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Pseudoscalibregma bransfieldia (Hartman, 1967)
n. comb.
Figs. 28a-28c


Eusclerocheilus bransfieldia Hartman, 1967 p. 130.


Material. Weddell Sea, in 412-659 m: Station 69­2 (1 specimen); 68-8 (8 specimens); 69-10 (1 speci­men).


Description. An individual from station 69-8 (USNM 46974) measures 10-14 mm long and 3.32 mm wide and consists of an achaetous peristomium with 14 thoracic and 16 abdominal setigers and 1 posterior asetigerous segment. The body is widest at setigers 6-7 and tapers to a slender posterior end. The epithelium of the first 1-5 setigers is smooth; thereafter, through setigers 6-14 it is gradually areolated, and in the abdominal region it is biannu­lated. The pygidium is a plain ring.


The prostomium diverges anteriorly as a pair of frontal antennae (Figure 28a); a flat semicircular crest occupies the postmedian space between a pair of nuchal organs. The oral aperture is a broadly expanded triangular ventral area between the prostomium and peristomium that extends posteriorly as an oral field to setiger 2.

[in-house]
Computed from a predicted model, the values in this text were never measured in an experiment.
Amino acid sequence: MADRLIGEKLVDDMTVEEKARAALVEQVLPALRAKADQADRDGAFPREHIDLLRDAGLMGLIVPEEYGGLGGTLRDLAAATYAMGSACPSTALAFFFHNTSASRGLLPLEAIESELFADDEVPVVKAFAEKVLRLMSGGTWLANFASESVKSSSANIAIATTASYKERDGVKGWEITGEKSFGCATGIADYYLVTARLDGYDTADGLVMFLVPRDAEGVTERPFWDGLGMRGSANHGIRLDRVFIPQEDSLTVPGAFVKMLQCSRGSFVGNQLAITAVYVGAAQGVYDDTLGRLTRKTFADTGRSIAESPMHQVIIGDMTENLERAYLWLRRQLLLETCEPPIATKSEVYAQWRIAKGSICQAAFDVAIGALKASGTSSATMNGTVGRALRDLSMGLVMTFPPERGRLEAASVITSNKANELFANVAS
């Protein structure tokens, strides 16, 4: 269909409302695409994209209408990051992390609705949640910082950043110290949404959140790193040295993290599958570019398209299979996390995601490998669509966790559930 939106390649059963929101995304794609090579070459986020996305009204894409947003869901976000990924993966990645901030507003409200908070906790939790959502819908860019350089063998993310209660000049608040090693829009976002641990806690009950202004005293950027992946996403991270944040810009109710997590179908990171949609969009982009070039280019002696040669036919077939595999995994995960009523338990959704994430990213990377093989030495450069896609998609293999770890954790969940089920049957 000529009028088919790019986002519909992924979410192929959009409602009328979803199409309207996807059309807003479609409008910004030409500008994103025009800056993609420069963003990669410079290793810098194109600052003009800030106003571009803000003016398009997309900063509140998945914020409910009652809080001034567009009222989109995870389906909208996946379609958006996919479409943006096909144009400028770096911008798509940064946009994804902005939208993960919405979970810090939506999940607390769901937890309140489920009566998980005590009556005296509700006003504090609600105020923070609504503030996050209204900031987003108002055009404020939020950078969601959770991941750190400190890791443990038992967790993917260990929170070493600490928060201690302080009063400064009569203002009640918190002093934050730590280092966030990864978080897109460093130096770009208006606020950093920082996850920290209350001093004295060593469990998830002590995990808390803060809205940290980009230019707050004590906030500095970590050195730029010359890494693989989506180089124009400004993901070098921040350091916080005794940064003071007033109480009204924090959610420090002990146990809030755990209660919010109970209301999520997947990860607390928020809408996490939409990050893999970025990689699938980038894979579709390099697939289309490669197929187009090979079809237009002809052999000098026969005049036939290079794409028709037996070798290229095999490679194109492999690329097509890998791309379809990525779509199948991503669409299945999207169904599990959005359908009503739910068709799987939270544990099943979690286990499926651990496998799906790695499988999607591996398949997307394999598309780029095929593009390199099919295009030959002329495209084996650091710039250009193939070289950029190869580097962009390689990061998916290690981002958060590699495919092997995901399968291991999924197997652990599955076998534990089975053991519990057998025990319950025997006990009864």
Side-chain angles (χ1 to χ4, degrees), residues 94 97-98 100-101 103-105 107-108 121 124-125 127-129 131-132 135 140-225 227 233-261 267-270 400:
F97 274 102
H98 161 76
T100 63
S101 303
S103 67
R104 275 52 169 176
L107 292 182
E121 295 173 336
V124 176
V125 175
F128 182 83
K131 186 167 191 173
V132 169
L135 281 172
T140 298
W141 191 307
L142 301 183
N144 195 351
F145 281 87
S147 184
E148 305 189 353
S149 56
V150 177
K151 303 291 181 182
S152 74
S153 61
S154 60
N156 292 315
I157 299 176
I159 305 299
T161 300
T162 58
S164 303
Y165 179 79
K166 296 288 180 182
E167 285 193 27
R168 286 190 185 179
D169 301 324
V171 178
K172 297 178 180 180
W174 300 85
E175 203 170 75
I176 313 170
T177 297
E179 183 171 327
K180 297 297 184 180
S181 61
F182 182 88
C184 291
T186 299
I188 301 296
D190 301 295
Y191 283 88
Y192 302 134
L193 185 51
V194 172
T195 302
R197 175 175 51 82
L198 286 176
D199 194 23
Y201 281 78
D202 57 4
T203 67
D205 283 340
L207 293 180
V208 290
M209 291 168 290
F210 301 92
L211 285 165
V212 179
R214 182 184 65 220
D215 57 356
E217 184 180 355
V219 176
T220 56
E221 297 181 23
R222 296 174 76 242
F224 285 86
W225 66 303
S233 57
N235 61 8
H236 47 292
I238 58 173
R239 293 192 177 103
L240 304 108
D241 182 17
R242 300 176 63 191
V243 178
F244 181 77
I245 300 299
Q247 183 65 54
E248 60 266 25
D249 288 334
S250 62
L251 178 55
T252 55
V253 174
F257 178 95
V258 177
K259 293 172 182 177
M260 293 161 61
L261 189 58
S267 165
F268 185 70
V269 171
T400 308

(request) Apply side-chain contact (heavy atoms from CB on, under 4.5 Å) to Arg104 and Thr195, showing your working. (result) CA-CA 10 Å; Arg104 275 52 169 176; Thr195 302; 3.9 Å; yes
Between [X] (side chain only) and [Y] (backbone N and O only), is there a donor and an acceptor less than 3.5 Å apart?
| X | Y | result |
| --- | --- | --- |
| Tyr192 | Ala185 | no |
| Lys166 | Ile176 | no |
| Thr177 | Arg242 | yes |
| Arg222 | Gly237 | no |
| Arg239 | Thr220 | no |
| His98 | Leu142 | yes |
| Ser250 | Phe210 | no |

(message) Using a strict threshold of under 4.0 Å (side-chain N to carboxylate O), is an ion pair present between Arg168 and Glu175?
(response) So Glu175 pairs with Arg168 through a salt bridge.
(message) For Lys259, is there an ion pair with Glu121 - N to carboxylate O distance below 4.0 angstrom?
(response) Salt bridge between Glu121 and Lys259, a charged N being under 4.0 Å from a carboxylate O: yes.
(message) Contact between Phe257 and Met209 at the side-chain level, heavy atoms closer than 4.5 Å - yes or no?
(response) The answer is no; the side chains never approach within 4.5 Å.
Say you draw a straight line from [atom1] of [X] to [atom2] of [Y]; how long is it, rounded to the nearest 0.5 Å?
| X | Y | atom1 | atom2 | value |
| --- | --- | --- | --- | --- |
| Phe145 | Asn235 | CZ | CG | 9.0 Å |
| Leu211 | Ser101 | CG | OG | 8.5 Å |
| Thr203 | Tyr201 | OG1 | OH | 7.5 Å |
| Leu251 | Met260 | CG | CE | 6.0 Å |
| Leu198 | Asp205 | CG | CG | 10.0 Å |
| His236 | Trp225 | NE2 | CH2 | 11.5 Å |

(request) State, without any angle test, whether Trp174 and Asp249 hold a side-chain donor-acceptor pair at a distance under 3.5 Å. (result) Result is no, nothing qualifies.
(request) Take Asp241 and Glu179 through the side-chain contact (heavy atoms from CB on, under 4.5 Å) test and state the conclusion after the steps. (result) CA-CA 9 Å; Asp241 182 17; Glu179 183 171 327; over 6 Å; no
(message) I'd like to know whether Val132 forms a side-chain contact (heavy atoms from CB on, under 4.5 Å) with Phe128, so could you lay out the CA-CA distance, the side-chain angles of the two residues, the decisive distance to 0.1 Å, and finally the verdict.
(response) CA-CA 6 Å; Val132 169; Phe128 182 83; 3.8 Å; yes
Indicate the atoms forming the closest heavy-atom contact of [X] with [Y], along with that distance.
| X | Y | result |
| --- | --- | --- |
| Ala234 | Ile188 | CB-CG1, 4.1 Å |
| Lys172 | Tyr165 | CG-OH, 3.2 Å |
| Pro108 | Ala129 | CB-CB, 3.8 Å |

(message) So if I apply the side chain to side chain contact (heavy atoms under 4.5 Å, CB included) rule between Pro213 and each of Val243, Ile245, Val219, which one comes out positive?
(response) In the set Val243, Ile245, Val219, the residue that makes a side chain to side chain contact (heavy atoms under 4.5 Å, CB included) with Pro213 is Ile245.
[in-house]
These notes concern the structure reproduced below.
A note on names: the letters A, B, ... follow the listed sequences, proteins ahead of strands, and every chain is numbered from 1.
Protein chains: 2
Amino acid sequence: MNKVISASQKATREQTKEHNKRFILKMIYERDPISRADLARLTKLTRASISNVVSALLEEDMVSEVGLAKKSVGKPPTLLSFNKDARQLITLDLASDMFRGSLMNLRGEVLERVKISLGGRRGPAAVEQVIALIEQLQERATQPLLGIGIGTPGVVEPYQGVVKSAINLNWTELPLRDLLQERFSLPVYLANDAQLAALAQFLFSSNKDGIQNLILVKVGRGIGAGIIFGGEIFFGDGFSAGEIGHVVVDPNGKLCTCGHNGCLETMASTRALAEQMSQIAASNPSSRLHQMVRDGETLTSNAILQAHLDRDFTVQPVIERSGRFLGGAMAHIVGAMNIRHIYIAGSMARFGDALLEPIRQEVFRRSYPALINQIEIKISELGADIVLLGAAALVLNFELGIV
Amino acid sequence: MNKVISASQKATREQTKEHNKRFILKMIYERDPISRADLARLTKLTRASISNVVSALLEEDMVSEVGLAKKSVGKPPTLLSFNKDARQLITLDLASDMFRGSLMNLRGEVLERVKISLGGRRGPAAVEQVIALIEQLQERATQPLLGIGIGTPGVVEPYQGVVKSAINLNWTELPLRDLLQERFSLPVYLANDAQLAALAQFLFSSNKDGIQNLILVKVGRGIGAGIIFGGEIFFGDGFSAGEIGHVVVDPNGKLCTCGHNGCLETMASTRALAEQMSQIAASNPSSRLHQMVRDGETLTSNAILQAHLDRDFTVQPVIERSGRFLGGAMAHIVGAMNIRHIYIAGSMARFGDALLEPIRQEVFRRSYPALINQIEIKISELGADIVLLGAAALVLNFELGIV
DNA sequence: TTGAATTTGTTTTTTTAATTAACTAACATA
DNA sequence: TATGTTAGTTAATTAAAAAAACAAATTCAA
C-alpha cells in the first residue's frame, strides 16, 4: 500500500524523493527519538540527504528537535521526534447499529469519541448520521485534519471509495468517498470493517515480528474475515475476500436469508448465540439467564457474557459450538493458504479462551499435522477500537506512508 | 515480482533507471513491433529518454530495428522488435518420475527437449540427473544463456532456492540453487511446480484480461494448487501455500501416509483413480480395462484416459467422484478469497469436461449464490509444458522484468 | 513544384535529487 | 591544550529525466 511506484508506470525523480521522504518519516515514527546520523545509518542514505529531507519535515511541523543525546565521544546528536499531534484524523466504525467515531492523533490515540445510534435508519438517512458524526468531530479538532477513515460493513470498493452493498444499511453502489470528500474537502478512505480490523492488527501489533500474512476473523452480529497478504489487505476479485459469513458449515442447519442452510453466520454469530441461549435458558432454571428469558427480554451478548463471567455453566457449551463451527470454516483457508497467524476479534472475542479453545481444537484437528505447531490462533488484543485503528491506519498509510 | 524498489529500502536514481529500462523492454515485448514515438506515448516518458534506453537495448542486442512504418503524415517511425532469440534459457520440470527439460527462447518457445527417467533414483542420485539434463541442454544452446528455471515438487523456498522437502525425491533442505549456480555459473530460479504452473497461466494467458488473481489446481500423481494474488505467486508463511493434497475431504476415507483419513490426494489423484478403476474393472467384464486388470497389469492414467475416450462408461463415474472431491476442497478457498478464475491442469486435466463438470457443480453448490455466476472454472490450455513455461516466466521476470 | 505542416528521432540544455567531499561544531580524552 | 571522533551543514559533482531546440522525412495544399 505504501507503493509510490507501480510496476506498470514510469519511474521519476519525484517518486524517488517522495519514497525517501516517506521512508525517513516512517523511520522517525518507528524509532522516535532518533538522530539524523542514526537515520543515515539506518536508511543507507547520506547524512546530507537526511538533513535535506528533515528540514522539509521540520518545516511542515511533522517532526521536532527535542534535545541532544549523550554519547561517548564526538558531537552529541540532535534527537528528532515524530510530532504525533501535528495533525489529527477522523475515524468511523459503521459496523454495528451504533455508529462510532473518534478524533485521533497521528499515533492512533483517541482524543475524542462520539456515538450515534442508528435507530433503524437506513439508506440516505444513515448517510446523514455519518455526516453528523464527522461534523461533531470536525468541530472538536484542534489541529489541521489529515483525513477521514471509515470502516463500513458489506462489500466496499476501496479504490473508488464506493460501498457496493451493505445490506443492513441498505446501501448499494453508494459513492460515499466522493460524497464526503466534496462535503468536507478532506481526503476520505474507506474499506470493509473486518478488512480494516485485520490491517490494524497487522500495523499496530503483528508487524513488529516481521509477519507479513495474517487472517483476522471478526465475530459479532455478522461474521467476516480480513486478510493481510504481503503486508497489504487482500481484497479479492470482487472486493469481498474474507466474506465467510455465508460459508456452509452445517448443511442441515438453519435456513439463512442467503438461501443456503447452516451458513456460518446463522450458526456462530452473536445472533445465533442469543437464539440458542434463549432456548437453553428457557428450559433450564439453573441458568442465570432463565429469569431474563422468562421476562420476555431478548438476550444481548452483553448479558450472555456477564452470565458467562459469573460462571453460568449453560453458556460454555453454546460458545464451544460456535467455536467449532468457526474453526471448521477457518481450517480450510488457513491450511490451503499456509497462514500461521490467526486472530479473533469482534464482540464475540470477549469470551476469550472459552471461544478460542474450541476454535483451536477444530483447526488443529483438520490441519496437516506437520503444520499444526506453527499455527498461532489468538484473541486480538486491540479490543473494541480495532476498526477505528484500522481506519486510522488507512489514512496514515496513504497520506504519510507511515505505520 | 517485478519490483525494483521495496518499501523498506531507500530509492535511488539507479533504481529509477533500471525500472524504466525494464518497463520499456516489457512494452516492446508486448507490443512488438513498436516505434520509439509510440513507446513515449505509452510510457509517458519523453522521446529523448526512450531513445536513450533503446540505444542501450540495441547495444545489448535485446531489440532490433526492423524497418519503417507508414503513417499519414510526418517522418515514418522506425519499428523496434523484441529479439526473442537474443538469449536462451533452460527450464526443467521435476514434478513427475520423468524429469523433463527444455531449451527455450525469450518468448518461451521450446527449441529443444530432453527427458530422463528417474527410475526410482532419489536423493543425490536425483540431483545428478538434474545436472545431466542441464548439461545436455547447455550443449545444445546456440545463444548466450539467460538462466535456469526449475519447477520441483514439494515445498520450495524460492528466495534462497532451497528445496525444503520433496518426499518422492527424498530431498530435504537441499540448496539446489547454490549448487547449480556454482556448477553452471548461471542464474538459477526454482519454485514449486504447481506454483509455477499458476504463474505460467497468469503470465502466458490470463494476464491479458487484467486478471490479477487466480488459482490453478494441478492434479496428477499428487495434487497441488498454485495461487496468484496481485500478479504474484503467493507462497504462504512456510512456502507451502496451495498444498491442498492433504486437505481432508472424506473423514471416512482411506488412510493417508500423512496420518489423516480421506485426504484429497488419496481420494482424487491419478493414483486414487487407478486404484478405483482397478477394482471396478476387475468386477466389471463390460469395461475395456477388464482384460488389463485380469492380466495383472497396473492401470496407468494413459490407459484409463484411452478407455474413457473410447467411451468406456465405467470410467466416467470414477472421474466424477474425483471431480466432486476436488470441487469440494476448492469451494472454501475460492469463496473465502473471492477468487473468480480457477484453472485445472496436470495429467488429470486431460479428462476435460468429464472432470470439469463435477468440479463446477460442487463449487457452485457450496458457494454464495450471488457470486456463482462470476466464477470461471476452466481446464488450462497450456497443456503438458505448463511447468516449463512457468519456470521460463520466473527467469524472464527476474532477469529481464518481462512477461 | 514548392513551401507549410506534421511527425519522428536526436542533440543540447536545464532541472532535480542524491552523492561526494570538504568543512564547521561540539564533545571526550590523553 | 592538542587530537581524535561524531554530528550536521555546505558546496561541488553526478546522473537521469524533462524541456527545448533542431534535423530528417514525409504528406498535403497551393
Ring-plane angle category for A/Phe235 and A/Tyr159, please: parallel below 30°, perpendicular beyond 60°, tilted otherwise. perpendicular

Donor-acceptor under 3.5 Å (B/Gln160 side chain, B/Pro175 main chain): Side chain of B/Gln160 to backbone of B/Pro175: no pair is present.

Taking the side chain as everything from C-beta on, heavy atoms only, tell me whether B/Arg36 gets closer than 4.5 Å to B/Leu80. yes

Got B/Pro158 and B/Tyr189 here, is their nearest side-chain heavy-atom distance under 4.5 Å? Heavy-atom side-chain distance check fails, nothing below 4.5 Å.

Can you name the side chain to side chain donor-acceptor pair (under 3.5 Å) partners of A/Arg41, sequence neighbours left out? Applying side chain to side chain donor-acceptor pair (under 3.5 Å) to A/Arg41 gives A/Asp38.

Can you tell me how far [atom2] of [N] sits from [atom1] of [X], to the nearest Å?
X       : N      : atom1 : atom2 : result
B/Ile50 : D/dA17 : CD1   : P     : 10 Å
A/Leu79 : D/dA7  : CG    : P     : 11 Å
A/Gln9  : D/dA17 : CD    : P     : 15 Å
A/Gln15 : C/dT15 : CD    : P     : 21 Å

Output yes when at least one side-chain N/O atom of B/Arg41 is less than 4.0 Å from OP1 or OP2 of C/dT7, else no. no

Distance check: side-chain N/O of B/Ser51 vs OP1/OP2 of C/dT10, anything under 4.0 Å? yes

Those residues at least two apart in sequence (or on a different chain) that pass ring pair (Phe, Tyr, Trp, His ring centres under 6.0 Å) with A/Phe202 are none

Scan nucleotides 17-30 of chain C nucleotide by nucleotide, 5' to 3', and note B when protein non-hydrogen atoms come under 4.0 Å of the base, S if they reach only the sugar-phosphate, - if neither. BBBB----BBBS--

Thoracic segments have biramous fascicles of long slender capillary setae accompanied by one or more furcate setae in each ramus. Notopodia and neuropodia have broad flat lobes located above and below the emerging setae. A conspicuous oval inter­ramal papilla is located between the rami on the posterior face (Figure 28b). Each ramus is supported by 2-3 pale embedded acicula extending to the longest part of the acicular lobe. Setae are numerous, long, slender, and capillary, accompanied by 8-10 much shorter furcate setae; each furca has unequally long tines (Figure 28c).


Remarks. Pseudoscalibregma bransfieldia differs from P. parvum (Hansen) from the North Sea. The first has an anterior region of 14 setigers and the second, one of 10-12 setigers. The first has a prostomium with a crest; the crest is absent from the second. There are 31 segments in the first and 36 in the second.”


(Hartman, 1978)


Creative Commons Attribution Non Commercial 3.0 (CC BY-NC 3.0)

© National Museum of Natural History, Smithsonian Institution

Source: Antarctic Invertebrates Website (NMNH)

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